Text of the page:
To understand why children can be essentially intelligent but fail to learn in the way that the majority do, it is necessary to understand that the brain is divided into many distinct areas of specialisation. Each area must be connected to each other, and as a whole, to integrate all stimuli to make sense of our world and to enable us to respond to that world. This is technically called sensory motor integration. In another language it can be called processing and we frequently hear of children who are found to have auditory processing delay or difficulty and/or visual processing difficulty. This simply means that the ears and eyes, the nerve pathways, and the appropriate sensory areas in the brain do not register and interpret the stimuli as quickly, or effectively, as in others. It also means that the corresponding motor, or reactive centre, of the brain does not respond as effectively or quickly. If a child cannot hear distinctly or fast enough what is presented to their ears; if they cannot see quickly and sharply what is presented to their eyes; is it surprising then that they experience difficulties with learning? Equally, if their response time is longer than others then they are still cogitating the problem when the rest of the class has moved on. But why does this happen?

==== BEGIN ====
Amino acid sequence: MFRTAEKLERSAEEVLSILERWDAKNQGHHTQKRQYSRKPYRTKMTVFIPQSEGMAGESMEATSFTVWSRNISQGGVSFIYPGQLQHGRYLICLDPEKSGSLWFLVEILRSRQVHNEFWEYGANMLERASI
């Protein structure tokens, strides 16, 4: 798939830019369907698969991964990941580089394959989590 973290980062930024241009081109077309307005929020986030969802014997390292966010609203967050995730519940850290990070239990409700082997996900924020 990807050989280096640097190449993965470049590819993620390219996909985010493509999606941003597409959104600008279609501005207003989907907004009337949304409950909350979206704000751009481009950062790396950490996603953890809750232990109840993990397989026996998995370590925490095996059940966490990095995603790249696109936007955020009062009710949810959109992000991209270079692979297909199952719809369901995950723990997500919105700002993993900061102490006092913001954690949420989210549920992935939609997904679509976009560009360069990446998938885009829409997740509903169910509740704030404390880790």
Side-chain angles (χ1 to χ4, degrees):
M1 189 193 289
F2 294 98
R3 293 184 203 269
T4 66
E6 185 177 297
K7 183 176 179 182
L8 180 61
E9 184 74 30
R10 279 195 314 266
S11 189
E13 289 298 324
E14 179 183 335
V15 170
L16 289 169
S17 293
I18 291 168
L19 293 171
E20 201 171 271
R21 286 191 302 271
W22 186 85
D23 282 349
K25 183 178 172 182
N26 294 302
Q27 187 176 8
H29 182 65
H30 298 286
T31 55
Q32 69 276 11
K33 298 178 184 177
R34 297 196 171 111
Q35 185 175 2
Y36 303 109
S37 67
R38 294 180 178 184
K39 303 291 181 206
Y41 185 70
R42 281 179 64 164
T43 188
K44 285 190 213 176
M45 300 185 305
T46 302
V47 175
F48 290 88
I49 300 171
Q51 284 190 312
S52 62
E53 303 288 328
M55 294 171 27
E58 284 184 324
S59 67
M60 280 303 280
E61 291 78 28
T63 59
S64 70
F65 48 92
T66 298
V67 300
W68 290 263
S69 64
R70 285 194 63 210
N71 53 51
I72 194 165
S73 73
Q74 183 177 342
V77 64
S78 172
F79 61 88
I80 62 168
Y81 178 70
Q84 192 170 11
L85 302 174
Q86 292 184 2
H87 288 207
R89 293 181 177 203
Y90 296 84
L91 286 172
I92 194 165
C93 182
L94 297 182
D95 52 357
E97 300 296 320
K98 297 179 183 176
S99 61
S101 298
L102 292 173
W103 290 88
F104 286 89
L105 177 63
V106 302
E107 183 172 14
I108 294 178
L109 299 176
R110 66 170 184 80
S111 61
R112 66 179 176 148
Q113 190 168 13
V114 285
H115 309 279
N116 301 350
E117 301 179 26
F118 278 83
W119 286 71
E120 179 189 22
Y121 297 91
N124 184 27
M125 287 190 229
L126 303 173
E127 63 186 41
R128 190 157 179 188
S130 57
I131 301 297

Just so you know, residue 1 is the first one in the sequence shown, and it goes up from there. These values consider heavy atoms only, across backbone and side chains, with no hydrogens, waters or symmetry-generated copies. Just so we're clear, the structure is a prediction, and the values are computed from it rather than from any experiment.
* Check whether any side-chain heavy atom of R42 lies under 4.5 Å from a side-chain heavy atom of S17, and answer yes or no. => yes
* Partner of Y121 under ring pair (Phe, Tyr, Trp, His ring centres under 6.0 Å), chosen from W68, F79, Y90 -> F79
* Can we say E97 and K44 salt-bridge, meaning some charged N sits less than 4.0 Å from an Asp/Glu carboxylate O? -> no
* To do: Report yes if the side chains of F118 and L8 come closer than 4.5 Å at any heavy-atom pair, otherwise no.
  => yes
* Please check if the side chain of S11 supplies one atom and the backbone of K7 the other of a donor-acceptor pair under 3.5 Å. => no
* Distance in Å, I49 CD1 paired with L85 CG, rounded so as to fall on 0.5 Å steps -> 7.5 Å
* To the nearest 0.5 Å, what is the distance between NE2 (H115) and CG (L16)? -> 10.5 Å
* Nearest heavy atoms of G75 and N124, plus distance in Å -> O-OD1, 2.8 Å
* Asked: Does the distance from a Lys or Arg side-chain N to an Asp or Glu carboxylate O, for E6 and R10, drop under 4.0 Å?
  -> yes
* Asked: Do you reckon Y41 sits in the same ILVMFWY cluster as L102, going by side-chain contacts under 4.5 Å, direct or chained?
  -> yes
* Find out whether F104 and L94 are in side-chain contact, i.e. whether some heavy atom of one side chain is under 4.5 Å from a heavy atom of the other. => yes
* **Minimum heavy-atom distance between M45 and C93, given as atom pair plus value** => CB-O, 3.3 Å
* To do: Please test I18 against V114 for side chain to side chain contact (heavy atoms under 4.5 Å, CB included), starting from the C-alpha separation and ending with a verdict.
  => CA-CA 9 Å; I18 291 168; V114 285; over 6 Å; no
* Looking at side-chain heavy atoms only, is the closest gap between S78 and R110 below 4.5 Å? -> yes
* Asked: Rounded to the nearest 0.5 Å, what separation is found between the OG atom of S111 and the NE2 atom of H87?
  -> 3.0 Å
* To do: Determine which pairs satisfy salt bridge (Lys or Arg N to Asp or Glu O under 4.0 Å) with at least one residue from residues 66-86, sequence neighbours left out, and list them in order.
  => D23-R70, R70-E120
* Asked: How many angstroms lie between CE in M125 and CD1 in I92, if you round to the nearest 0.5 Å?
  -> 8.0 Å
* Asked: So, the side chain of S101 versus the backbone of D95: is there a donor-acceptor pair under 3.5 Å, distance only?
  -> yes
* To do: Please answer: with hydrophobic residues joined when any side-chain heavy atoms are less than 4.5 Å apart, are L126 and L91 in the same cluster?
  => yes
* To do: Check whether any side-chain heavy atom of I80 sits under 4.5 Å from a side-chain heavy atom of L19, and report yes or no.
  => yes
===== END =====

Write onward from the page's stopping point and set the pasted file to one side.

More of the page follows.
When a baby is developing the brain grows from the bottom up, so that the automatic, unconscious, regions of the brain are the first to function. The brain of a foetus and newborn infant is wired in a way to promote initial survival at a reflex level. A reflex is an unconscious predictable response to a specific event or stimulus, for instance the knee jerk following a tap just below the knee. The stimulus / response, involving a simple sensory / motor loop type of nerve pathway, does not interact with the higher conscious brain and the reaction is always the same. We know that a young baby does not have good co-ordination, good eye control or vision. We know that although all the nerve cells are in place at birth most of the connections between the nerve cells and between the specialist centres are not developed. These connections develop all of our lives and are the very essence of learning. Initially most movement is a reflex response to the infants head position, but as the head becomes more controlled the reflex reaction becomes modified. We know that babies develop in stages, each stage heralding more complex abilities and control as the brain matures and new wiring is laid down. These abilities and controls being a combination of more adult “Postural Reflexes” – generating from the mid brain and overriding many of the lower Primitive Reflex reactions – and willed movement initiated by the higher conscious brain. It is also known that the very movements of our baby days, such as rolling, crawling, are essential for our later development. It is these movements that promote the development from the baby wiring to the more adult wiring of the brain.